News Scan for Mar 18, 2020

C diff testing intervention
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Carbapenem heteroresistance
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Lassa fever in Nigeria

Study suggests clinical support tool safely reduces C diff testing

A computerized clinical support tool implemented at an academic medical center helped reduce rates of Clostridioides difficile testing without an associated increase in adverse events in patients whose tests were prevented, researchers from the University of Virginia (UVA) School of Medicine reported today in Open Forum Infectious Diseases.

In the retrospective case control study, researchers examined the outcomes of patients admitted to the UVA Medical Center after the introduction of a computerized clinical decision support tool designed to reduce nucleic acid amplification tests (NAATs) for C difficile. NAAT tests are highly sensitive, but cannot distinguish between C difficile colonization and infection, and overdiagnosis of C difficile infection is thought to be linked to inappropriate testing in patients with low pre-test probability for infection.

A previous study had found a 41% reduction in C difficile testing at the hospital after introduction of the tool, and the researchers wanted to compare the safety of the intervention among patients with prevented tests and those with negative tests.

The multivariate analysis of 637 cases (490 negative, 147 prevented) showed that a prevented test was not significantly associated with the primary composite outcome of inpatient mortality or intensive care unit transfer compared with a negative test (adjusted odds ratio, 0.912, P = .747), and that patients in the prevented group had shorter lengths of hospital stay (median 6 days, compared with 9 in the negative-test group). Of the 147 patients with a prevented test, 54 (37%) went on to have a completed test within 7 days, and 11 were positive, resulting in a potential delay in diagnosis. But individual case reviews found that either clinical changes warranted the delay in testing or no adverse events occurred that were attributable to C difficile infection—a finding that suggests the tool isn't discouraging appropriate testing.

"Diagnostic stewardship of C. difficile testing using computerized clinical decision support may be both safe and effective for reducing inappropriate testing," the authors of the study concluded.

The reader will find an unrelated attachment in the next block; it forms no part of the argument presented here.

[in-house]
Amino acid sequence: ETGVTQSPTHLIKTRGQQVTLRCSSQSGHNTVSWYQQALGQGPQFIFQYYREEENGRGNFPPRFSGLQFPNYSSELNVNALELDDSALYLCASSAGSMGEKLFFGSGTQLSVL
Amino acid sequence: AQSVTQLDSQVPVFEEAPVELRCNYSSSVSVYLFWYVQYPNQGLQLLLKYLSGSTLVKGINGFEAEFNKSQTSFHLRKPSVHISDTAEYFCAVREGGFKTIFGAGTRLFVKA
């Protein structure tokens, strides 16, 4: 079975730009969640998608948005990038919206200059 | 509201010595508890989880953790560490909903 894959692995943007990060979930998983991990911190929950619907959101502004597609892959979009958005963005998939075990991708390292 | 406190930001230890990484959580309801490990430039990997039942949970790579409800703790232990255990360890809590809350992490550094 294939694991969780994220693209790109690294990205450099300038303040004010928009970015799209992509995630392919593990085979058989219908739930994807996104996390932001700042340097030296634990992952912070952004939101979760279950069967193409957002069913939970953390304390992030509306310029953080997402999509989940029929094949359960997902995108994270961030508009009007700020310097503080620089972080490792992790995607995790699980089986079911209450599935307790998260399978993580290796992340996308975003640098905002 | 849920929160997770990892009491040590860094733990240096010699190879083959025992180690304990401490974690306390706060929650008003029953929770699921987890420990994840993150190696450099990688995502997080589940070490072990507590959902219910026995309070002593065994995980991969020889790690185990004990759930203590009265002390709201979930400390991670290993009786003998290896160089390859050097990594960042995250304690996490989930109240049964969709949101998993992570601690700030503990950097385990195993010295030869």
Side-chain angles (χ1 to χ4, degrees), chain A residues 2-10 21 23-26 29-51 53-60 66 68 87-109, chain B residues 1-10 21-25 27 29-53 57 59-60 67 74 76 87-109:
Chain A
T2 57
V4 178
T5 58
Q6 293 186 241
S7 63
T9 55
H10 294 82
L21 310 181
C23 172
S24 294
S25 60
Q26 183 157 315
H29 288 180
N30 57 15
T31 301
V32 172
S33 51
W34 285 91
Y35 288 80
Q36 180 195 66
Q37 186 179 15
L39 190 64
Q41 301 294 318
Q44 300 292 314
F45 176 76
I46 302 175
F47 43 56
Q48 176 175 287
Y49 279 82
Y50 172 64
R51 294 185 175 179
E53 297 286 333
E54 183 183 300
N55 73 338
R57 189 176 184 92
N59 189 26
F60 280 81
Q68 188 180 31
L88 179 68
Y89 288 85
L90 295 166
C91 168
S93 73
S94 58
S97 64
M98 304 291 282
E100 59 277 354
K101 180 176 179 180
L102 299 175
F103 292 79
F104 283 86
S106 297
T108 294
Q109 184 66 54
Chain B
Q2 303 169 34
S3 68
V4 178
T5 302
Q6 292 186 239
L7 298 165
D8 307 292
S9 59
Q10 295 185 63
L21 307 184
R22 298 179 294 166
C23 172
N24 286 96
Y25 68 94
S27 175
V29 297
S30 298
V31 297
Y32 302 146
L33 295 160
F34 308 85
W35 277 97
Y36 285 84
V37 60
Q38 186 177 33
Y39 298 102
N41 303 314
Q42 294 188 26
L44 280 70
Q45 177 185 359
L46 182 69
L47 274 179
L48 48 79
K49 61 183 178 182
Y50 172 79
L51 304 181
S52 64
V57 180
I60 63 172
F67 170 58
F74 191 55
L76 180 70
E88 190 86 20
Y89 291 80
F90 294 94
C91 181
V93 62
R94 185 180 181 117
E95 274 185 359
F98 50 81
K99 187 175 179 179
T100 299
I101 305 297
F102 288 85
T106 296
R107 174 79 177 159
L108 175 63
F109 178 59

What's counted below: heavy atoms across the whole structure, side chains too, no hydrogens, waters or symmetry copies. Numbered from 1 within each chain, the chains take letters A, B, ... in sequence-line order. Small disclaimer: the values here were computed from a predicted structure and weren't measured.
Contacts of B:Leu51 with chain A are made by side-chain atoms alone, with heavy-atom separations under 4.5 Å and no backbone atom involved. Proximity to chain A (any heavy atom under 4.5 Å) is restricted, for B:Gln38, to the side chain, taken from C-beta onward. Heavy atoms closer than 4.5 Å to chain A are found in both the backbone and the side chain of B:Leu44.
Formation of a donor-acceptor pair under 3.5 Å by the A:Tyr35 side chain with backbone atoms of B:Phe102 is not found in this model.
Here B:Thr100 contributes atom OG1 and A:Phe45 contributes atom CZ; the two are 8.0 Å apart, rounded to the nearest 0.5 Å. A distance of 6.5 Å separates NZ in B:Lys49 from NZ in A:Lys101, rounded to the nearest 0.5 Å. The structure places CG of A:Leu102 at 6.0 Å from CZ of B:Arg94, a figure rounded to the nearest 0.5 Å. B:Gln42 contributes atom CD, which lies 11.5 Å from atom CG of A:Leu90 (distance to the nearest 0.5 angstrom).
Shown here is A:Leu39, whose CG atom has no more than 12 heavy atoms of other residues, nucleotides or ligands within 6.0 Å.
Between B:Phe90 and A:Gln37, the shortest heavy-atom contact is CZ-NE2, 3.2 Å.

Mar 18 Open Forum Infect Dis abstract

 

Study highlights prevalence of heteroresistance in ESBL isolates

A new study by researchers at the University of Southern California School of Pharmacy has found that nearly a third of extended-spectrum beta-lactamase (ESBL)-producing Enterobacteriaceae isolates from patients were identified as being heteroresistant to carbapenems. The findings were published yesterday in the Journal of Antimicrobial Chemotherapy.

In the study, 173 ESBL-producing Escherichia coli and Klebsiella pneumoniae isolates from patients with recurrent infections that were reported as meropenem susceptible were tested for heteroresistance—a condition in which different bacterial populations from the same isolate exhibit varying susceptibilities to the same agent. Heteroresistance was screened by disc diffusion and confirmed by a modified population analysis profiling (PAP) method against ertapenem, imipenem, meropenem, and ceftolozane/tazobactam.

A total of 519 bacteria/carbapenem combinations were screened by disc diffusion, with 84 combinations identified as carbapenem heteroresistant (cHR). Modified PAP confirmed 70 bacteria/carbapenem combinations as cHR, with the heteroresistant phenotype most frequently observed against ertapenem. In total, 32% of the unique patient isolates (55/173) were identified as being heteroresistant to at least one carbapenem, and 16% of those patients (9/55) had a carbapenem non-susceptible isolate on a subsequent visit. More cHR isolates originated from a non-urinary source compared with non-cHR isolates (31% vs 19%, P = 0.02).

The authors of the study say the findings raise "significant concerns" about the continued use of carbapenems as first-line therapy for serious ESBL-producing E coli and K pneumoniae infections, and say more research is needed into the contribution of antibiotic exposure to the development of cHR phenotypes.
Mar 17 J Antimicrob Chemother abstract

 

Lassa fever cases reach record levels in Nigeria

Nigeria is experiencing its largest Lassa fever outbreak, and the Nigerian Academy of Science (NAS) is pushing for the government to declare a national health emergency, Devex, a media platform of the global development community, reported today.

The outbreak of the viral hemorrhagic fever has been linked to 161 deaths so far this year. Nigeria typically has annual outbreaks during the dry season, which runs from November to May, but cases have increased from year to year in recent years. So far this year, health officials have reported 3,735 cases, with 906 lab confirmed. For comparison, there were 810 confirmed cases in 2019, 633 in 2018, and 308 in 2017.

NAS experts said increased populations of the rodents that spread the virus could be fueling the increases, and some have suggested a role for climate change. The disease is caused by indirect exposure to or direct contact with infected Mastomys rats.
Mar 18 Devex story

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